A small group is small enough to allow all of its members to directly interact. Examples of small groups include families, friends, discussion groups, seminar classes, dinner parties, and athletic teams. People are more likely to experience primary relationships in small group settings than in large settings.
The smallest of small groups is a dyad consisting of two people. A dyad is perhaps the most cohesive of all groups because of its potential for very close and intense interactions.
It also runs the risk, though, of splitting up. A triad is a group consisting of three persons. A triad does not tend to be as cohesive and personal as a dyad. The more people who join a group, the less personal and intimate that group becomes. In other words, as a group increases in size, its members participate and cooperate less, and are more likely to be dissatisfied.
In this case, people may feel that because so many others are available to help, responsibility to help is shifted to others. Similarly, as a group increases in size, its members are more likely to engage in social loafing, in which people work less because they expect others to take over their tasks.
Leadership and conformity Sociologists have been especially interested in two forms of group behavior:Free social groups papers, essays, and research papers. My Account In this essay, I discuss the role of social science for societies and individuals, how individuals relate to societies and the function of rules in societies as a main concern of social science.
[tags: Sociology, Social Status, Social Interactions] Good Essays words. Social Groups Thus, in the last 50 years or so, sociologists have taken a special interest in studying these scientific phenomena from a scientific point of view.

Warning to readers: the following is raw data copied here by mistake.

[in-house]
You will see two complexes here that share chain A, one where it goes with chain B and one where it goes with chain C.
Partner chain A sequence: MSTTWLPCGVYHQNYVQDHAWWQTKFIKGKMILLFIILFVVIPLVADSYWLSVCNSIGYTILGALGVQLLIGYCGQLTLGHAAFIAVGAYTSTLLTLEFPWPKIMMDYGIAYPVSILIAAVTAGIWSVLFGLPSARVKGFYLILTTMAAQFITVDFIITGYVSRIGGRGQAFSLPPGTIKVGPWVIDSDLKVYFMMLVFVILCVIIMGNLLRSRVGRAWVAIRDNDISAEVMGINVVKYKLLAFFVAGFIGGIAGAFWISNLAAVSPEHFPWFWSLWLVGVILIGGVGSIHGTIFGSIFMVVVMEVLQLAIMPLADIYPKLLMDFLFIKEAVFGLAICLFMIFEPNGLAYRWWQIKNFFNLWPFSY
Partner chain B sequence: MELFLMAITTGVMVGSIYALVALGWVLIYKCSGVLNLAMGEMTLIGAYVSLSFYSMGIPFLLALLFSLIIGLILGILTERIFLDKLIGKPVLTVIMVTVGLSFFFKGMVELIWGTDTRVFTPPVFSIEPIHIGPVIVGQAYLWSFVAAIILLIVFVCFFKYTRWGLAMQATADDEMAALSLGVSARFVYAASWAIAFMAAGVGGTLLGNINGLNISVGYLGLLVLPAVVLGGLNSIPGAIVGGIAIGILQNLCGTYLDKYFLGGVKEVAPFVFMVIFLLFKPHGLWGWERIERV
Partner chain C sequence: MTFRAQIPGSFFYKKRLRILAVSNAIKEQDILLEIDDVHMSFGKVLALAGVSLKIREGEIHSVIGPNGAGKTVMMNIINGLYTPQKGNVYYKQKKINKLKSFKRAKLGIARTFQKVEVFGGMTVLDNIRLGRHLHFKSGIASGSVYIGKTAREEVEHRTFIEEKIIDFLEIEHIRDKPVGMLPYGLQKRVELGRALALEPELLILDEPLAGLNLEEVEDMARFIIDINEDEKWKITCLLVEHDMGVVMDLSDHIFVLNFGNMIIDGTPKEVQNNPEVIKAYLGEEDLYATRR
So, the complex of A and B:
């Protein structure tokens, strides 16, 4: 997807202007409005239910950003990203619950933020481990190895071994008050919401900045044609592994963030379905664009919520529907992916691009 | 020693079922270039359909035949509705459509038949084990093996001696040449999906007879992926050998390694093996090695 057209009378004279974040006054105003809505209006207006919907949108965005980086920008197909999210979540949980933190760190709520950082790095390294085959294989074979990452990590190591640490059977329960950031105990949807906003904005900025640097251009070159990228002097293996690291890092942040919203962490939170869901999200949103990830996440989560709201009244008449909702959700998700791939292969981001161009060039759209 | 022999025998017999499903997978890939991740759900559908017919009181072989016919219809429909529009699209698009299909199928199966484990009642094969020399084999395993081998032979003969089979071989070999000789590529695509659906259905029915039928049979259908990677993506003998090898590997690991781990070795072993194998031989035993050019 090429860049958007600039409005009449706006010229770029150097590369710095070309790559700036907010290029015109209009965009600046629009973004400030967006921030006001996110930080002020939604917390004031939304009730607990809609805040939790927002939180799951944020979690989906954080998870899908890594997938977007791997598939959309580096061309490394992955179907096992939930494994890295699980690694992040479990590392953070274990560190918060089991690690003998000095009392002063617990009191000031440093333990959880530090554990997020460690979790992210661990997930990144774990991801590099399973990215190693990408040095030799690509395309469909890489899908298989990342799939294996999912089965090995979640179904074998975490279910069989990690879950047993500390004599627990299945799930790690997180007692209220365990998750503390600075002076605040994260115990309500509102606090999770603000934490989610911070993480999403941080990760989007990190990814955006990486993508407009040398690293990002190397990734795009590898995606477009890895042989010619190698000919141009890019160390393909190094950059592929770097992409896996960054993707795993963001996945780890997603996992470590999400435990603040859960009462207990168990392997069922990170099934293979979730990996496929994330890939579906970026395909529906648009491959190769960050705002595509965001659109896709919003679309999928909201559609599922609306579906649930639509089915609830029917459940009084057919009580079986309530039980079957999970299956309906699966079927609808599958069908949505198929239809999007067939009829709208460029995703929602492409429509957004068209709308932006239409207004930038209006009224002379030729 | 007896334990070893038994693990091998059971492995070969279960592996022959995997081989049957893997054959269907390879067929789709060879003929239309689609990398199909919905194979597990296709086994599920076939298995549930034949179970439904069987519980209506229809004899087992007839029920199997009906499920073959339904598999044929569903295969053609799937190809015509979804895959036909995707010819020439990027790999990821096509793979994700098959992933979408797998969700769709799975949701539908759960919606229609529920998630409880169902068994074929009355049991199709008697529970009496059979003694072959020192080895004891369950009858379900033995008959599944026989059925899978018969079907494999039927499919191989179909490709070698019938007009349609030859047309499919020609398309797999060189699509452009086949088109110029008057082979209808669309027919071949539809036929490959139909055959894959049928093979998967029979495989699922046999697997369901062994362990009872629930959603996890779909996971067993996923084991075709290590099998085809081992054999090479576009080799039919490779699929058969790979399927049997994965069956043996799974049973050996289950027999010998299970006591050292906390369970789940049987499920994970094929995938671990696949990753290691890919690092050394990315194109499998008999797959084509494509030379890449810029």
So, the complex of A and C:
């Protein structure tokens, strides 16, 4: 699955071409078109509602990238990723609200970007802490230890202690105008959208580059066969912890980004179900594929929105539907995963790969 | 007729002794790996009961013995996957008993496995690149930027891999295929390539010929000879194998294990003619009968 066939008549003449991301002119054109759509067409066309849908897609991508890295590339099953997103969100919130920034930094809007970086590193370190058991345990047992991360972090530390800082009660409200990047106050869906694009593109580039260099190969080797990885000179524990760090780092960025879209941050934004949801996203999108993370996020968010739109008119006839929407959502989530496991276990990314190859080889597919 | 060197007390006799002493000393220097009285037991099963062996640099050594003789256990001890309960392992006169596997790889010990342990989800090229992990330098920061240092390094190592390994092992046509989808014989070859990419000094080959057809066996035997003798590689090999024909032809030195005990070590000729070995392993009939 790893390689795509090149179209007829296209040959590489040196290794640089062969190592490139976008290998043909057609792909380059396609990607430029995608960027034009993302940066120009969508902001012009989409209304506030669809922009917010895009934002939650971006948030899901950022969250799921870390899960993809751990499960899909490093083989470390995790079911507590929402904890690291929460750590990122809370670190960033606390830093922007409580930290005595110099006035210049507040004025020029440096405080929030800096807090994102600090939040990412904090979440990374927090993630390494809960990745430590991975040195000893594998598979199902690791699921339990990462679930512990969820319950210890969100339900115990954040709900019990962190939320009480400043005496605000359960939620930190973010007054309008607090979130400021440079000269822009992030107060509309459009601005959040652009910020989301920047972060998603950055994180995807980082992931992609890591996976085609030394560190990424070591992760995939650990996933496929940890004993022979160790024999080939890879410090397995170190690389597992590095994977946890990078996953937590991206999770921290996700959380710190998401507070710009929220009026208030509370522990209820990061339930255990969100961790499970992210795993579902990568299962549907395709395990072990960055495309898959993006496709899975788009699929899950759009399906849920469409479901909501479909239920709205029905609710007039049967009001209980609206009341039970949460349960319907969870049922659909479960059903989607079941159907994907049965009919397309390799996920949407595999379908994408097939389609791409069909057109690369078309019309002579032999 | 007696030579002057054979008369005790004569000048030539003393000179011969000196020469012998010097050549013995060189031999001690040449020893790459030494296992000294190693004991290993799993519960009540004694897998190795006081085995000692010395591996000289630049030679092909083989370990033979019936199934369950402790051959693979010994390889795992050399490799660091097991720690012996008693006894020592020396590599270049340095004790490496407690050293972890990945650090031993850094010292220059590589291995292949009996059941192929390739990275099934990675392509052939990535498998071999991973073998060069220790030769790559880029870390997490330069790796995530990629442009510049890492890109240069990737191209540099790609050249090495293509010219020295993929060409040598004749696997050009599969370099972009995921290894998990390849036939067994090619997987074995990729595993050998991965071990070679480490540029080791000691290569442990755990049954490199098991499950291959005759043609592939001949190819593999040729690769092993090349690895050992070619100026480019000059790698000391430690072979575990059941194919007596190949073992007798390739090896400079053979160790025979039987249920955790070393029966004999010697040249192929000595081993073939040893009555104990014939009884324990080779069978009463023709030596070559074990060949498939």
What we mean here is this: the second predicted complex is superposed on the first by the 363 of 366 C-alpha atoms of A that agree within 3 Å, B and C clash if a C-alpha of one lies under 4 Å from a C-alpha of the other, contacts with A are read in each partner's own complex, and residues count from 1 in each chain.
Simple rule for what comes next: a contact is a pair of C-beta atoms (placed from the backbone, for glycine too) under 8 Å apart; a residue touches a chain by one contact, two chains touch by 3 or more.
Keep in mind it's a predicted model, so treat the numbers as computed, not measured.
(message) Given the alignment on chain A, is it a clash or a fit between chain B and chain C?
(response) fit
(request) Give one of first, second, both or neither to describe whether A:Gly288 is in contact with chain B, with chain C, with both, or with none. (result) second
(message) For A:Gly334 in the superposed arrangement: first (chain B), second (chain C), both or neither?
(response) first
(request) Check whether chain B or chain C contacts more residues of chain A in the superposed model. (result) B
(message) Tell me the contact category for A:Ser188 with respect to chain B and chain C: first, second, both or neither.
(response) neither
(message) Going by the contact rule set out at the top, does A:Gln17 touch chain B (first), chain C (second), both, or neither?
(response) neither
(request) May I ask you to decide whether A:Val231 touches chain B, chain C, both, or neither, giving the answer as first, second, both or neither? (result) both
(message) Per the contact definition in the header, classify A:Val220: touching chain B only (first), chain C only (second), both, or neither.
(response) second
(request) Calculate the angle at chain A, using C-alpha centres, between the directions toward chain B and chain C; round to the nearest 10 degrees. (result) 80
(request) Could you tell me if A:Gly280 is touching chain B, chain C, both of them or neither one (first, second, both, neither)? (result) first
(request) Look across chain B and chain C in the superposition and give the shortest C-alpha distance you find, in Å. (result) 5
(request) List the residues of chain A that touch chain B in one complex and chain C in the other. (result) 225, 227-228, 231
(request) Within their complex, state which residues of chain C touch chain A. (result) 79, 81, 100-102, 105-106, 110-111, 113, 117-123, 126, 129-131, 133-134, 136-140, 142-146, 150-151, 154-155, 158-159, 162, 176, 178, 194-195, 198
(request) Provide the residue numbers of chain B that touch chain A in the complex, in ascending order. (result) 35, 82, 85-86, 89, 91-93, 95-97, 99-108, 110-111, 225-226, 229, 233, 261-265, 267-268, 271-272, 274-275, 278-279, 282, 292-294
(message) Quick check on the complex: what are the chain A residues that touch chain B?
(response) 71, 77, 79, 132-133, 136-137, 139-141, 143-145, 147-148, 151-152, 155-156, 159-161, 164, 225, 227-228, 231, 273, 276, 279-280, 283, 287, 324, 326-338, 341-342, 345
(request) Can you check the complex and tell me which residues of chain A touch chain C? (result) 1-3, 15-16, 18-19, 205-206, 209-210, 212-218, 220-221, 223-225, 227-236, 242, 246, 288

A social group is a collection of people who interact with each other and . Social groups are the most stable and enduring social units.
They are important to both, their members and their whole society. A very important characteristic of social groups is that they encourage regular and predictable behavior, Sociology and Social Groups Essay The current.
Social Groups Thus, in the last 50 years or so, sociologists have taken a special interest in studying these scientific phenomena from a scientific point of view. A social group is a collection of people who interact with each other and share similar characteristics and a sense of unity.
A social group consists of two or more people who regularly interact on the basis of mutual expectations and who share a common identity. It is easy to see from this definition that we all belong to many types of social groups: our families, our different friendship groups, the sociology class and other courses we attend, our workplaces, .
Different social groups, all show different trends in relation to religious beliefs and religious organistions. This essay will only very briefly touch on the difficulty of defining religious organisations, as this is not its focus.
It shall split the social groups into three major categories, age.